A friend and loyal reader of Skeptophilia sent me a link to a post that appeared a couple of weeks ago over at the blog Future and Cosmos with the message, "I'm honestly curious to hear what you think of this."
The post had to do with a series of experiments done by a French researcher, Paul Joire, back in the first two decades of the twentieth century. Joire is an interesting fellow; he was fascinated with claims of the paranormal, but much like the British-based Society for Psychical Research, did his level best to approach things from a scientific standpoint. That's not to say he didn't have some significant missteps, though. He invented a device he called a "sthenometer" which he said could detect the presence and configuration of the "nervous force" emitted by the human body, and suggested that it could potentially be used for diagnosis of illness -- but later experiments found that all it was picking up on was body heat.
That said, Joire was at least trying to do things the right way. He was obsessed with evidence of an afterlife, and investigated numerous claims of séances, table-rapping and table-turning, mediumship, automatic writing, and spirit photography, and (again like the SPR) found that the vast majority of them were outright hoaxes.
It's the remaining ones that are interesting.
The article at Future and Cosmos focuses on a series of experiments Joire did with a self-proclaimed medium and four other people as participants/witnesses, where "unseen agents" were questioned and asked for details of their lives and deaths. The "agents" responded by rapping on the table to spell out in painstaking fashion words and sentences, which were then recorded by Joire. The gist of the claim is that the information the ghosts were providing was unavailable to anyone at the table, and was only verified as correct after the fact (some were never verified, but never disproven; none, Joire said, was researched and proven false). You should read the blog post in its entirety, and I don't want to steal the author's thunder, but here is just one of many examples:
Question. Bertolf must be a Christian name. Have you any other name ?
Answer. Bertolf de Ghistelles.
Q. Were you French ?
Q, Will you tell us the name of the locality where you lived ?
Q. Have you been a long time in the Beyond ?
Q. In what year did you die ?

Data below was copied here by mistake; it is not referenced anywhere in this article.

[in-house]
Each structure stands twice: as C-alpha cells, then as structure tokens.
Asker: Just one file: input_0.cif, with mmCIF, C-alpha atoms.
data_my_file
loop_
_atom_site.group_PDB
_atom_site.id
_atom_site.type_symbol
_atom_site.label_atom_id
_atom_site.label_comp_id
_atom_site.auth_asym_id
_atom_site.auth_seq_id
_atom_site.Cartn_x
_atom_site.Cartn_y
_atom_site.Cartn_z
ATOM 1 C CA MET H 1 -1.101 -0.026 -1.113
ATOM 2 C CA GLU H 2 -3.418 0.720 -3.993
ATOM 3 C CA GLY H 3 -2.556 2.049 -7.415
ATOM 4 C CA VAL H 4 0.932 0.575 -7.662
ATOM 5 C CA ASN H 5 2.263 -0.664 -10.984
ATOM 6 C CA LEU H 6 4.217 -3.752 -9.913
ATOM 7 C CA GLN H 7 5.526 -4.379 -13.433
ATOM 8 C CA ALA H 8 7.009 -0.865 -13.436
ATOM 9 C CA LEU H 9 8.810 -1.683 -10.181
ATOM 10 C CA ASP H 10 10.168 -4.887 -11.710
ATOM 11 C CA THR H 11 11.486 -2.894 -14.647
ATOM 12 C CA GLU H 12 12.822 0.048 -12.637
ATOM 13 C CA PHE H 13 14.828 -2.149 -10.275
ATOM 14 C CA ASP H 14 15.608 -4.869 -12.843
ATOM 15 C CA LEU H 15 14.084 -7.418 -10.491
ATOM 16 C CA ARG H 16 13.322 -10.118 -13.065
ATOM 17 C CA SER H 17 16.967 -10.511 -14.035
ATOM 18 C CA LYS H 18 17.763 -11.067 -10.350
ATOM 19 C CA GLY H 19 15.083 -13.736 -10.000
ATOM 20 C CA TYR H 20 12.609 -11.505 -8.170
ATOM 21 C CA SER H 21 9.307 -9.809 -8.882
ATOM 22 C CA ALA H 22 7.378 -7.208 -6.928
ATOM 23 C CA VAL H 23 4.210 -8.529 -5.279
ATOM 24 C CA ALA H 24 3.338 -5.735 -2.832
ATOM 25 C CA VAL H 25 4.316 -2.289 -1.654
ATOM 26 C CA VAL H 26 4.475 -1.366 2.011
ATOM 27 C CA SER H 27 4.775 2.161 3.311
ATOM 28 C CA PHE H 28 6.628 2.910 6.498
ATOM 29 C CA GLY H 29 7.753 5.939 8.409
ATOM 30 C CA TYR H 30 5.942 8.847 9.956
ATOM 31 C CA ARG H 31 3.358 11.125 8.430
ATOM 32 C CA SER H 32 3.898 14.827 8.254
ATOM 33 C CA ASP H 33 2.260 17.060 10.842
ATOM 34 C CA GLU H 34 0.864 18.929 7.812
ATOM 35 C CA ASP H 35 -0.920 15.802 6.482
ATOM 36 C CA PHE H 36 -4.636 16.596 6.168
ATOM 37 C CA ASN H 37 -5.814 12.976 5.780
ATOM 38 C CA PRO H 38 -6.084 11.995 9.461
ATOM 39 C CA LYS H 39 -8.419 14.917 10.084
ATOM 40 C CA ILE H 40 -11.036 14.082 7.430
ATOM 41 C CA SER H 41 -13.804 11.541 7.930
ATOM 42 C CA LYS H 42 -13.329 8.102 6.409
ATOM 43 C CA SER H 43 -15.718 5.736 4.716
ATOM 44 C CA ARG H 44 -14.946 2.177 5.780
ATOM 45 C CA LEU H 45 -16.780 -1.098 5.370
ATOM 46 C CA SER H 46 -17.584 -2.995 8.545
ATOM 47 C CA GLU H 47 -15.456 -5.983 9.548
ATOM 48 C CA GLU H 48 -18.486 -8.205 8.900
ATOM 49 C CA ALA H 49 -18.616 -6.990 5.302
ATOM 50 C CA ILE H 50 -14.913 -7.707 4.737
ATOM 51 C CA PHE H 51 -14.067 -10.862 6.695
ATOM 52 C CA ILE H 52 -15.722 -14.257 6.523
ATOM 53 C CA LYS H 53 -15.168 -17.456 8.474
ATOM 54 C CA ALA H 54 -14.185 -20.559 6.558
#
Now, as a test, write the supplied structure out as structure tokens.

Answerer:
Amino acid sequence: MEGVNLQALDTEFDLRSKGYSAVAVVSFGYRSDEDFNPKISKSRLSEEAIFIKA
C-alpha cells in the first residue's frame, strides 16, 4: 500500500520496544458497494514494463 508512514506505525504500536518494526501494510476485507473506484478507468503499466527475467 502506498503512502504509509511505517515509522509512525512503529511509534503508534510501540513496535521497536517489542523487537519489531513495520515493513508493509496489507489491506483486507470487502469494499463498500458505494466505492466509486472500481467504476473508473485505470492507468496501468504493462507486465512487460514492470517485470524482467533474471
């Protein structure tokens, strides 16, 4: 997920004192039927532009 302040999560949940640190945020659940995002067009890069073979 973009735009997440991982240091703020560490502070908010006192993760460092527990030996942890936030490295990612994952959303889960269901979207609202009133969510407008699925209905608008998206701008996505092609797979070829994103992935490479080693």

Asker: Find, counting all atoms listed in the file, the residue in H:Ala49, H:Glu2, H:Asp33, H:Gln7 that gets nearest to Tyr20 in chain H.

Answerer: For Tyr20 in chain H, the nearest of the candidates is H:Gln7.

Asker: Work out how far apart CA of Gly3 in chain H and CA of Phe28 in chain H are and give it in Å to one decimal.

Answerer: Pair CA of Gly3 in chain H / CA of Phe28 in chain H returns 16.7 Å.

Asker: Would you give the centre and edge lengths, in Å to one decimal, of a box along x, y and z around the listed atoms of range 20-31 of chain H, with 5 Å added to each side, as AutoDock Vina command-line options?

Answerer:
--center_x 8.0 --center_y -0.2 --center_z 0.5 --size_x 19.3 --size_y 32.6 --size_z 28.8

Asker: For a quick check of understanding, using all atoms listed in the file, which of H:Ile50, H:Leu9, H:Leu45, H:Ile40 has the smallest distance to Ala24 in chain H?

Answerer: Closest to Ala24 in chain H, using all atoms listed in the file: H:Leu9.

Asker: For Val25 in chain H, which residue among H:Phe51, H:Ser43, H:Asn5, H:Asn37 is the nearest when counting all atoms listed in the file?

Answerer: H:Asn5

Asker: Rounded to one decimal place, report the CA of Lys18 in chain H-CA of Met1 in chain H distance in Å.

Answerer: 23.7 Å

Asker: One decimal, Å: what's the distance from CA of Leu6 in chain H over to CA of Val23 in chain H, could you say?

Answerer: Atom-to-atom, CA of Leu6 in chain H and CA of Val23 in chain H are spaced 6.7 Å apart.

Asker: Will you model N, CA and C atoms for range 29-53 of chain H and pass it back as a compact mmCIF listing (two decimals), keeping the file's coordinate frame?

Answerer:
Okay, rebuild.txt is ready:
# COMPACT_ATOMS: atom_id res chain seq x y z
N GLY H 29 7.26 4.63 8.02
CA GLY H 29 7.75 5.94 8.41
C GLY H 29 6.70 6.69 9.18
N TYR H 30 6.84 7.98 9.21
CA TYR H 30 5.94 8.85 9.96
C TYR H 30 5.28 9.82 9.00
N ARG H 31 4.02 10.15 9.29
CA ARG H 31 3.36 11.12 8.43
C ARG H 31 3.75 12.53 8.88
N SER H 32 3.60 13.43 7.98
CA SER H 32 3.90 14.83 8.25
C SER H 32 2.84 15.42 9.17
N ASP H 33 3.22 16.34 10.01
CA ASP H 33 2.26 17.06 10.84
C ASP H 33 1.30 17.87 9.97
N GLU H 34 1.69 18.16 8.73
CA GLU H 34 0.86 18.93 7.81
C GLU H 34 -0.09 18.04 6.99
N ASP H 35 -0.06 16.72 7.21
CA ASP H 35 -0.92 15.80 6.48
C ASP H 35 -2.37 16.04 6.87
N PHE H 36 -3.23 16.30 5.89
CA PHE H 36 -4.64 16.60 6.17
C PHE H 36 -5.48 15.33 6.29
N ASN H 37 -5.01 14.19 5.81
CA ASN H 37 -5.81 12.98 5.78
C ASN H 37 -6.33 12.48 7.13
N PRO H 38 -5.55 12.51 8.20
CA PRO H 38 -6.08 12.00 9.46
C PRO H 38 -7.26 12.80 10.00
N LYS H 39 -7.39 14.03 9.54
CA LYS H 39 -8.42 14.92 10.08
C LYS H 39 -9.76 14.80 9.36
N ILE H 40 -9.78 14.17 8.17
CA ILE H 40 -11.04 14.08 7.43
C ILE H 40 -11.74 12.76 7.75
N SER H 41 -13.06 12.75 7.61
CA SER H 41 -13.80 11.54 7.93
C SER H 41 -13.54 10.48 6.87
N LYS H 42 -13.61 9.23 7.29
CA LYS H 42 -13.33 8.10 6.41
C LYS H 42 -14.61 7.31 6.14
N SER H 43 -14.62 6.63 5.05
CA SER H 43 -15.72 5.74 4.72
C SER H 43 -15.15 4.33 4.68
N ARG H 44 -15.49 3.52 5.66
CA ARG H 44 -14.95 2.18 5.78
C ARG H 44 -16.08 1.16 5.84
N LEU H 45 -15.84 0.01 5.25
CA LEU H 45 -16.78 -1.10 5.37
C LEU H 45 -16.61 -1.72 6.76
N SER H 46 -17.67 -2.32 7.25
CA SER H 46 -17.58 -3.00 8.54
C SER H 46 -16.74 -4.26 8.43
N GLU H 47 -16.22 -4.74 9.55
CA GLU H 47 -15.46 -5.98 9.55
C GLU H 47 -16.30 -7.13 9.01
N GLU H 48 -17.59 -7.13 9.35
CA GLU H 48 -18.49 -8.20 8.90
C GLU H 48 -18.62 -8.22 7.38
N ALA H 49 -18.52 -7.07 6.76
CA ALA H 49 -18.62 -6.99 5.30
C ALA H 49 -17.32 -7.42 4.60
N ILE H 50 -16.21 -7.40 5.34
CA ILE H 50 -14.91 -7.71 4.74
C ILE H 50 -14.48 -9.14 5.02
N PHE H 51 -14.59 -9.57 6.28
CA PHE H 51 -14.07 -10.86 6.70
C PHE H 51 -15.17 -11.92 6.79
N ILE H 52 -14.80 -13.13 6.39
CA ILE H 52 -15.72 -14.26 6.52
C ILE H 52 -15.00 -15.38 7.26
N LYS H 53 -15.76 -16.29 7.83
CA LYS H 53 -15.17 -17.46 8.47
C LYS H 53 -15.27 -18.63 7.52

A. In 1081.
Q. What were you ?
A, Husband of a Saint.
Q. Do you mean that your wife is honoured as a saint, that she has been canonised ?
Q. What was her name ?
A, Godeleine de Wierfroy. Can she forgive me ?
Q, You did her harm ?
Q. You killed her perhaps ?
A, I had her strangled...
Q, Have you found any members of her family ?
A, Heinfried and his wife Ogine, her father and mother. They have forgiven me.
Q. Is the festival of your wife celebrated anywhere ?
Q. On what date ?
A, July 6th....
Q, Did you die in a tragic manner ?
A, No, in a monastery. I remained there nine years.
Joire was able to verify that there was a woman, later canonized, named Godeleine (or Godelive or Godelieve) of Ghistelles, who was murdered by her husband Berthold [sic] and her body thrown down a well; the remorseful Berthold later became a monk.
The author of Future and Cosmos has the following to say about Joire's experiments and conclusions:
[This would require] some extremely elaborate and very hard-to-prepare fraud in which a medium learned and meticulously memorized very many details about deceased figures (some not famous), and then orally recited those details, only pretending to be entranced... The total number of raps needed to spell out the details above (with one rap per letter) would have been many hundreds, occurring spread out over a long time. We can imagine no medium manually producing so many hundreds of raps at a table where five people were seated, without being detected by the investigators.
The only other "narrow possibility" we have of Joire's experiments not being actual evidence of spirit survival, we're told, is if the entire thing was fraudulent; i.e., that Joire himself fabricated it all.
Okay, so what do we make of this?